by Patricia Belyea
TOKYO JP Three very special people actualized my dream of visiting a chusen-dyeing factory in Japan.
Artist Sanae Naito, a university lecturer and creator of her own chusen-dyed textiles, arranged the tour. Mr Toyoda, a collector of Japanese arts and crafts, joined us. And Mr Abe, the factory owner, welcomed us to his family business at the north end of Tokyo.
Mr Abe explained that his factory specializes in dyeing tenugui as there is currently little demand for hand-dyed yukata cottons.
We took off our shoes and donned provided slippers before we stepped into the factory. The entry area was filled with cottons, stretched into rolls and ready for dyeing.
First we watched resist paste being applied to the narrow-width cottons. Artisans rolled one meter lengths of cotton across their work tables, pulled down the lacey-cut stencils, and swept blades of resist paste across the patterns. This step was repeated 24 times to prepare each 24-meter tanmono (bolt) for dyeing.
A huge vat of resist paste perched beside each artisan. By the end of the day, two-thirds of the paste was used up.
The piles of prepped fabric were wrapped with sute-nuno (old cloths), placed on the floor, and covered with sawdust to protect the resist paste. Watch your step!
Dyeing artisans placed the folded fabric on vacuum tables, tucking the edges under heavy lengths of black rubber. To keep the colors separate, they made dams around the different dye areas. When pouring the dyes, the artisans activated vacuum compressors with foot pedals. The strong suction pulled the dyes through all the layers.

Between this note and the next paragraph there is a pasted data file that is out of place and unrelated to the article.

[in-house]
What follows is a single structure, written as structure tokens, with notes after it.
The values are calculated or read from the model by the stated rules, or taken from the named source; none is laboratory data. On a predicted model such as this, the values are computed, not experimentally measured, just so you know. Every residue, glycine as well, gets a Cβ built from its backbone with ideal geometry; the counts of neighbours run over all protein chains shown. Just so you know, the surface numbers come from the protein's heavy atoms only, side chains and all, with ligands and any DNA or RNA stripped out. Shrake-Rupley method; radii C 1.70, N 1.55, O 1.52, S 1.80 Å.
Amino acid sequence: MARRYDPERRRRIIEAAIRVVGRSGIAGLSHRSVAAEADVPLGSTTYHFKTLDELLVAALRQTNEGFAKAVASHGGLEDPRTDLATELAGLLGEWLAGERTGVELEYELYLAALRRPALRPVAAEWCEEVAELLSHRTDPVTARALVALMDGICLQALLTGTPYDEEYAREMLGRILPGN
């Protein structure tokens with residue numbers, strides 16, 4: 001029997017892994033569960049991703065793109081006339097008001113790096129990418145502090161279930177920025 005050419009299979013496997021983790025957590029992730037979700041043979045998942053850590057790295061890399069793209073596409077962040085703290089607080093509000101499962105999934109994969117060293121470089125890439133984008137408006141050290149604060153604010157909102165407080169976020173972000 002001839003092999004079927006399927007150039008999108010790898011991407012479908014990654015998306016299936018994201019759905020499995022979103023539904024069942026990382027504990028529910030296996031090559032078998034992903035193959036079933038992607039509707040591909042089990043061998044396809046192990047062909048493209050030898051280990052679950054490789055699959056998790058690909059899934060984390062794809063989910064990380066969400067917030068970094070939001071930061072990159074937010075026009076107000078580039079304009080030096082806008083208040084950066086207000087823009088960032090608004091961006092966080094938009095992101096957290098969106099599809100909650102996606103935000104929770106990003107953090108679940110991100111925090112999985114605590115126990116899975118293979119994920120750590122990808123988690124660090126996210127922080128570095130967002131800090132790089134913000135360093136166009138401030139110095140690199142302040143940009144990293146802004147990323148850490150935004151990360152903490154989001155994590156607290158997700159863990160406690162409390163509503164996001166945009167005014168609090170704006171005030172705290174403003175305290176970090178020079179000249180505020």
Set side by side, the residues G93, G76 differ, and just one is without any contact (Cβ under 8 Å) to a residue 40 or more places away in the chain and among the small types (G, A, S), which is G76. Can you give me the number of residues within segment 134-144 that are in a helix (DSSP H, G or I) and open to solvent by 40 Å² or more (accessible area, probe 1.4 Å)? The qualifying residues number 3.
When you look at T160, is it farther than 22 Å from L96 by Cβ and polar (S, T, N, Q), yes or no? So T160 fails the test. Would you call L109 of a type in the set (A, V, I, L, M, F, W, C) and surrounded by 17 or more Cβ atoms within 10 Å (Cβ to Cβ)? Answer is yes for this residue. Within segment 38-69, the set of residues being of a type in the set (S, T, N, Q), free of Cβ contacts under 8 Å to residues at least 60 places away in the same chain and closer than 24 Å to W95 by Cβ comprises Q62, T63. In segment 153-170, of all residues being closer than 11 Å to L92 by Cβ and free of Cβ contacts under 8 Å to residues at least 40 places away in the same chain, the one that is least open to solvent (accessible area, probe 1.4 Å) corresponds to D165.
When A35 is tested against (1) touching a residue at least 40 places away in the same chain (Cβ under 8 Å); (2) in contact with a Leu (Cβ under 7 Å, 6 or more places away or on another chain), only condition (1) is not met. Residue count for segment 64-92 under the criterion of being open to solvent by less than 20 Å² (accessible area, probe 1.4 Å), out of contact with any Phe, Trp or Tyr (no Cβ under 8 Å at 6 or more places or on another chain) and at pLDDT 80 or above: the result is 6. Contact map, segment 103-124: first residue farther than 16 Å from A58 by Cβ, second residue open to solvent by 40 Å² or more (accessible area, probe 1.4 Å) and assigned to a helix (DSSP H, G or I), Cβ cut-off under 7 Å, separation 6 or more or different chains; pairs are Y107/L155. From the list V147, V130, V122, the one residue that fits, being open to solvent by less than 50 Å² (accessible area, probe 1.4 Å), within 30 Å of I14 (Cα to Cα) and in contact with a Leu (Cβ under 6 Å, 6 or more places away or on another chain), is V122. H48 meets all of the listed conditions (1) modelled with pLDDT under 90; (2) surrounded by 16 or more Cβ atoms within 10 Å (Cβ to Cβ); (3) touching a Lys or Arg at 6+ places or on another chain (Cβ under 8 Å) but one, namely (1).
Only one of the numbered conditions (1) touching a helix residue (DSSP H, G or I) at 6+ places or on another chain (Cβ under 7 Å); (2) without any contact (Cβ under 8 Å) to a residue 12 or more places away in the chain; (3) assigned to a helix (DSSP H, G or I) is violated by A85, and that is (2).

Dyed from the top, the piles were flipped over and dyed from the other side—permeating the fabric with color.
The artisans easily filled the long-spouted dye pots by scooping them into buckets of vibrant liquid color.
Mr Abe’s son poured dyes with both hands. He looked so graceful as he waved the flowing pots of dye across the table while pressing the foot pedal in synch with his actions.
Once the dye colors oxidized, the yardage was vigorously washed to remove resist paste and any extra dyes.
After four wash cycles, the fabric was spun in an extractor until lightly damp.
To finish drying, the long lengths of fabric were hung outside in the sun. This sight made my heart soar.
We tromped upstairs to a barn-like room with clotheslines stretched down its length. On rainy days or when the factory works through the night, the dyed fabric is hung here to dry. Or it’s fed through a mammoth iron that dries four bolts of cloth at one time.
Stacks of stencils filled one end of the room, organized by customer.
Historically the stencils were made of “bitter paper”—washi paper painted with bitter persimmon juice and smoked until waterproof. To hold the pattern pieces together, silk gossamer was laminated across the stencil.
These days the stencils are made with “chemical” paper and “chemical” threads, explained Sanae.
From upstairs we got a great view of the nearby river. Originally the factory had washed out its fabrics in the river. Today Mr Abe oversees wastewater holding tanks to ensure that his factory does not pollute the environment.
Back to the gorgeous fabrics. To finish, the fabric is wound on a roller to remove wrinkles, and folded back and forth to the tenugui length (90cm). Then it’s shipped to Mr Abe’s customers.
In a cab back to the train station, Sanae told me that Mr Toyoda has one million pieces of tenugui in his collection. Although Mr Toyoda doesn't speak English, he nodded his head affirmatively when I exclaimed “A thousand, thousand tenugui!”
Mr Abe had given each of us a tenugui he designed himself when we departed. For the Year of the Monkey, his tenugui was decorated with expressive red monkeys.
So now Mr Toyoda has one million and one tenugui! And I’ve finally visited a chusen-dyeing factory!
To visit Sanae’s website to see her modern chusen-dyed textiles +click here
To purchase tenugui in Tokyo, dyed at Mr Abe’s factory, visit Blue & White +click here